At first glance, Korea’s 2016 The Handmaiden (Ah-ga-ssi) seems to be a straight-forward imperialist drama. Based on the novel Fingersmith by Welsh writer Sarah Waters, and sumptuously directed by Park Chan-wook, The Handmaiden transfers the story from Victorian England to 1930s Japanese-occupied Korea, where the Japanese imperialists have become the ideal for the subjugated Koreans. Learn Japanese, dress in kimonos, and mimic the behavior of your oppressors, and you can escape the poverty and ostracism of Korean occupation.
The Handmaiden quickly shifts into a crime drama, however, as a group of Korean thieves, pickpockets, and con-men plan to infiltrate the home of a rich but secluded woman in order to steal her fortune. Just when you think you understand what is happening, however, The Handmaiden abruptly shifts its perspective, changing the focus of its storyline to become one of the most complex psychological thrillers ever made.
The story begins simply enough. A handsome Korean con-man who pretends to be a Japanese nobleman, Count Fujiwara (Ha Jung-woo),
recruits a young, somewhat naïve pickpocket, Sook-hee (Kim Tae-ri),
to insinuate herself as a handmaiden in the household of an isolated, reclusive Japanese heiress, Lady Hideko (Kim Min-heea).
The heiress is betrothed to a strange, unimaginably wealthy Japanese-book collector, who is also her uncle by marriage, Kouzuki (Cho Jin-woong, below R), and who also plans to steal the girl’s fortune himself.
Sook-hee’s job as handmaiden is to persuade the heiress Hideko to accept the Count’s marriage proposal and to elope since it is well known that the Uncle intends to marry his virtually captive niece himself. After consummating the illicit marriage, the faux Japanese Count plans to empty his new bride’s bank account and have the heiress-bride Hideko committed to a lunatic asylum. In return for her help, the pickpocket Sook-hee can take whatever clothes and jewels she desires.
Given the wealth and personal obsessions of her Uncle, the heiress is continually isolated, but with her handmaiden as her chaperone, Hideko manages to have a bit more freedom with the Count, who is ostensibly giving her art lessons.
During the Count’s surreptitious courtship, Lady Hideko and Handmaiden Sook-hee find themselves drawn to each other — first as companions and friends, and then, tentatively and somewhat innocently, as lovers.
Just when you think you know how the film is going to develop, it suddenly seems to end, and not very pleasantly. It’s only Sook-hee’s perspective of the story that ends, though, because the film is not even half-way over.
Part Two continues the story, only now from Hideko’s perspective, where we learn that Lady Hideko is haunted by the suicide of her aunt, that her Uncle Kouzuki is a collector of rare Japanese books that are all pornography, and that he forces her to read said pornographic books to him as well as to his male guests, including the Korean-faux-Japanese Count. This isolation and abuse account greatly for Lady Hideko’s ennui and despair in the Part One, as well as for the Count’s interest in Lady Hideko: he wants the heiress’ fortune and the Uncle’s rare Japanese pornography collection.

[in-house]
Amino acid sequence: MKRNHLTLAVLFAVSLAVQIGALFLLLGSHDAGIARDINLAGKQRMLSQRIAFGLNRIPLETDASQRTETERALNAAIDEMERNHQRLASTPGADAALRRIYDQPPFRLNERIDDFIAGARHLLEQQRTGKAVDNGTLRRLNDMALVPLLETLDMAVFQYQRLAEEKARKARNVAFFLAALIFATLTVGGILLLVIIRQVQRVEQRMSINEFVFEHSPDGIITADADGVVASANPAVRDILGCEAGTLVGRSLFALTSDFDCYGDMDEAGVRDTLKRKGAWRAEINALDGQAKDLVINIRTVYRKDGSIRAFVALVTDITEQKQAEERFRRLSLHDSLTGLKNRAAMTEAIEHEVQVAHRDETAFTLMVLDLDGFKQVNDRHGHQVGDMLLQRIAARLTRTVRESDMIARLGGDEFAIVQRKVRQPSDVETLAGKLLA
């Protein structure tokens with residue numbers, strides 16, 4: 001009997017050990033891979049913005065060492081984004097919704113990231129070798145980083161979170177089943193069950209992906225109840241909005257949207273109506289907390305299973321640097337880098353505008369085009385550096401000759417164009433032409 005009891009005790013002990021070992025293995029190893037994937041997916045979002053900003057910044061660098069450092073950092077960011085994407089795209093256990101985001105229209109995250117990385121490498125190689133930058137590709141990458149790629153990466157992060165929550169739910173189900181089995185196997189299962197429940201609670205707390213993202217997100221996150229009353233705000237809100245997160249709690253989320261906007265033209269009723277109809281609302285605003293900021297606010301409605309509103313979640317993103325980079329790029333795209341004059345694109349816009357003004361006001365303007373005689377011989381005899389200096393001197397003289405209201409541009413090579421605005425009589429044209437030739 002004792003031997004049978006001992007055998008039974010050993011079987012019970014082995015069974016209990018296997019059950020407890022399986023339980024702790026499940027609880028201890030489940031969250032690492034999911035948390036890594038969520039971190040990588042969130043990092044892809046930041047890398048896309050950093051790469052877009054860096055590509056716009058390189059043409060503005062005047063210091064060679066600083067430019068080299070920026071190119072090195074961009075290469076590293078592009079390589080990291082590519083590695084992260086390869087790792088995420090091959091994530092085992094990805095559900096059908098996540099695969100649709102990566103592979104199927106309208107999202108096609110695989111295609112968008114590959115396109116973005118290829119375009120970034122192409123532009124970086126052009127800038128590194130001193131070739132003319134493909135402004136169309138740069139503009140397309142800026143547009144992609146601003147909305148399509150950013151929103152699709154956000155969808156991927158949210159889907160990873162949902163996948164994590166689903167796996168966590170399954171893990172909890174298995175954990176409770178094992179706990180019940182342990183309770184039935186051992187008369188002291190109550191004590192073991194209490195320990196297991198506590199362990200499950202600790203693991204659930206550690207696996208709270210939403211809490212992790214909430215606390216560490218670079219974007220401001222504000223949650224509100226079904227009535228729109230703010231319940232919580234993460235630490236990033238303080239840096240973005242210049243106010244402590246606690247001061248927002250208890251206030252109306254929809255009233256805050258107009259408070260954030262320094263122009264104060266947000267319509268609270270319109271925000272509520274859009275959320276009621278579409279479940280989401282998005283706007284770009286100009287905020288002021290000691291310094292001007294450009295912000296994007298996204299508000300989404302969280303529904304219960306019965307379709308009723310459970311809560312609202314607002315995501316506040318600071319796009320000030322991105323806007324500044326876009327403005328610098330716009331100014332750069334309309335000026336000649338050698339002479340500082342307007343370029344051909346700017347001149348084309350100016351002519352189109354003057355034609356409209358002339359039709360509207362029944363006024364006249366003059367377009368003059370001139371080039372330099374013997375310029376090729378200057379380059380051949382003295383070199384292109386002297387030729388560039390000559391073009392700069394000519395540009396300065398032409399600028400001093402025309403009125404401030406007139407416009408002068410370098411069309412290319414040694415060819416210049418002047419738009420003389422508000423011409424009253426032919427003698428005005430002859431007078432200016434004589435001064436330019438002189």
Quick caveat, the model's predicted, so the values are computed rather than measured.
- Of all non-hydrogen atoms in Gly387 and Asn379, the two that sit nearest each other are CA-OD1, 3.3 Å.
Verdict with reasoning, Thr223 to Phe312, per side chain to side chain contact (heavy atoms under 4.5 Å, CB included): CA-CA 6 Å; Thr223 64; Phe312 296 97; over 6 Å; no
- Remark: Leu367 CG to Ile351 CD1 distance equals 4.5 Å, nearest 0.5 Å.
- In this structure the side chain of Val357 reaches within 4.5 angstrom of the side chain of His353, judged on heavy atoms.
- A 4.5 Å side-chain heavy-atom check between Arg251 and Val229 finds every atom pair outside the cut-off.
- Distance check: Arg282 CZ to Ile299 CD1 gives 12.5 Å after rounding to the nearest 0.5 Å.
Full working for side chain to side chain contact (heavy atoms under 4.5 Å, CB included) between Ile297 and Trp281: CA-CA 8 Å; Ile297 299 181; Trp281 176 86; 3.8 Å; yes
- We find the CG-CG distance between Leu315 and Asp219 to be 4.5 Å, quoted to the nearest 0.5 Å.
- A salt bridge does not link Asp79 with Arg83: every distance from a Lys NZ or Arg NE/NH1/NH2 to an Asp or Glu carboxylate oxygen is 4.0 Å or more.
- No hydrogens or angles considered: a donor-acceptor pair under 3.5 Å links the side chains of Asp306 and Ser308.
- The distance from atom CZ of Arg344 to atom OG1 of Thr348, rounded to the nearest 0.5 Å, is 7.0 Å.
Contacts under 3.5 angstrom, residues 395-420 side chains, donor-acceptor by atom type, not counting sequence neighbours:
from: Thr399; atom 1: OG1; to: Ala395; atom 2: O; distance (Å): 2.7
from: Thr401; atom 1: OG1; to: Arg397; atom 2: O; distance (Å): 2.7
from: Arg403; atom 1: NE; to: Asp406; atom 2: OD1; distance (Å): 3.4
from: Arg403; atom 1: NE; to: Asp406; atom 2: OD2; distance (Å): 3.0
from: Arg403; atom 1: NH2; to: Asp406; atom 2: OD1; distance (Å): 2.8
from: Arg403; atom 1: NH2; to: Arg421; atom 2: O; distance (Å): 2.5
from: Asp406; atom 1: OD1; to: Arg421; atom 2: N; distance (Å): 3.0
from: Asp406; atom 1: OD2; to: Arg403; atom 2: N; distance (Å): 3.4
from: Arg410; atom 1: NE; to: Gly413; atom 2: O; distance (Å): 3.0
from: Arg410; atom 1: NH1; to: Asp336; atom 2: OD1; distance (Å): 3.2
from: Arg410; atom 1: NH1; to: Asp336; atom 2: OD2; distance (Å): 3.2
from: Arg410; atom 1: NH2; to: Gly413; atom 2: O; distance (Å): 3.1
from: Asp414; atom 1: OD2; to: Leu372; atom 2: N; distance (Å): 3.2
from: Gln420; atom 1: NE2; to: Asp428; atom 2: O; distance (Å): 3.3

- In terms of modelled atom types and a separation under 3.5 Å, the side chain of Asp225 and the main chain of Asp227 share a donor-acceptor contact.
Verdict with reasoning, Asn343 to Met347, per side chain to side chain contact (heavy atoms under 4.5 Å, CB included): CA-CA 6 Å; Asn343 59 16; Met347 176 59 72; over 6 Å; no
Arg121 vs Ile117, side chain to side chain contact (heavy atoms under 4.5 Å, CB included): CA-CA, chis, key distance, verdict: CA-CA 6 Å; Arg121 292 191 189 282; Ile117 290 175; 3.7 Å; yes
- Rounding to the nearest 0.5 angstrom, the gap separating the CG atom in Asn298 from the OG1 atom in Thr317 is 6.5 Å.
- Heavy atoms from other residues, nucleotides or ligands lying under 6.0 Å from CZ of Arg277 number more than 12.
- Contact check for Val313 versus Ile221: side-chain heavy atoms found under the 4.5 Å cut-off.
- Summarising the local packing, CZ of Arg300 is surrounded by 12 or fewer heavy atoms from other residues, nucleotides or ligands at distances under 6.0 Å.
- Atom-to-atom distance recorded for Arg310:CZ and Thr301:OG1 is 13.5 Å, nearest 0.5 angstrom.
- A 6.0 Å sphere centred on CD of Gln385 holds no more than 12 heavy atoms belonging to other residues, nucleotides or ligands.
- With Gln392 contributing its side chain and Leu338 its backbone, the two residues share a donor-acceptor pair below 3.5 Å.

Lest you now think that you have all of the characters figured out and that you are absolutely positive about the film’s final act, The Handmaiden “ends” again, with about 45 minutes remaining. You are now at Part Three, which shifts its storyline to the perspective of the faux Japanese Count, the Korean con-man whose world is about to be thrown into chaos by none other than Lady Hideko and her Handmaiden Sook-hee.
Because the film is clearly divided into three parts, with viewers being alerted to Parts One, Two, and Three with those words on-screen, this psychological thriller and crime drama is easy to follow despite its “fiendishly dense and complex” narrative. Intellectually challenging and satisfying, with a Hitchcockian seductiveness, The Handmaiden is a dramatic exploration not only of forbidden sexual desire but, more importantly, of the tyranny and potential cruelty of absolute power. Whether in imperialism, in male-dominated marriage, or in rigid socio-economic class distinctions, power can warp itself into persecution, injustice, and brutality, causing its victims to rebel and take their revenge.
Part neo-noir and historical drama, part “love story, revenge thriller, and puzzle film,” The Handmaiden is luscious and fascinating, marred only by its explicit lesbian sex scene in Part Two, which was handled much more artistically and tastefully in the first part of the film when much of the interaction was left to the viewers’ imagination, and which caused at least one critic to label the film as nothing more than a “male wet dream.”
The Handmaiden is in Korean and Japanese, with English subtitles. Available for rent from Amazon ($2.99 SD, $3.99 HD, free for Prime Members), YouTube ($4.99), and iTunes ($14.99 purchase).
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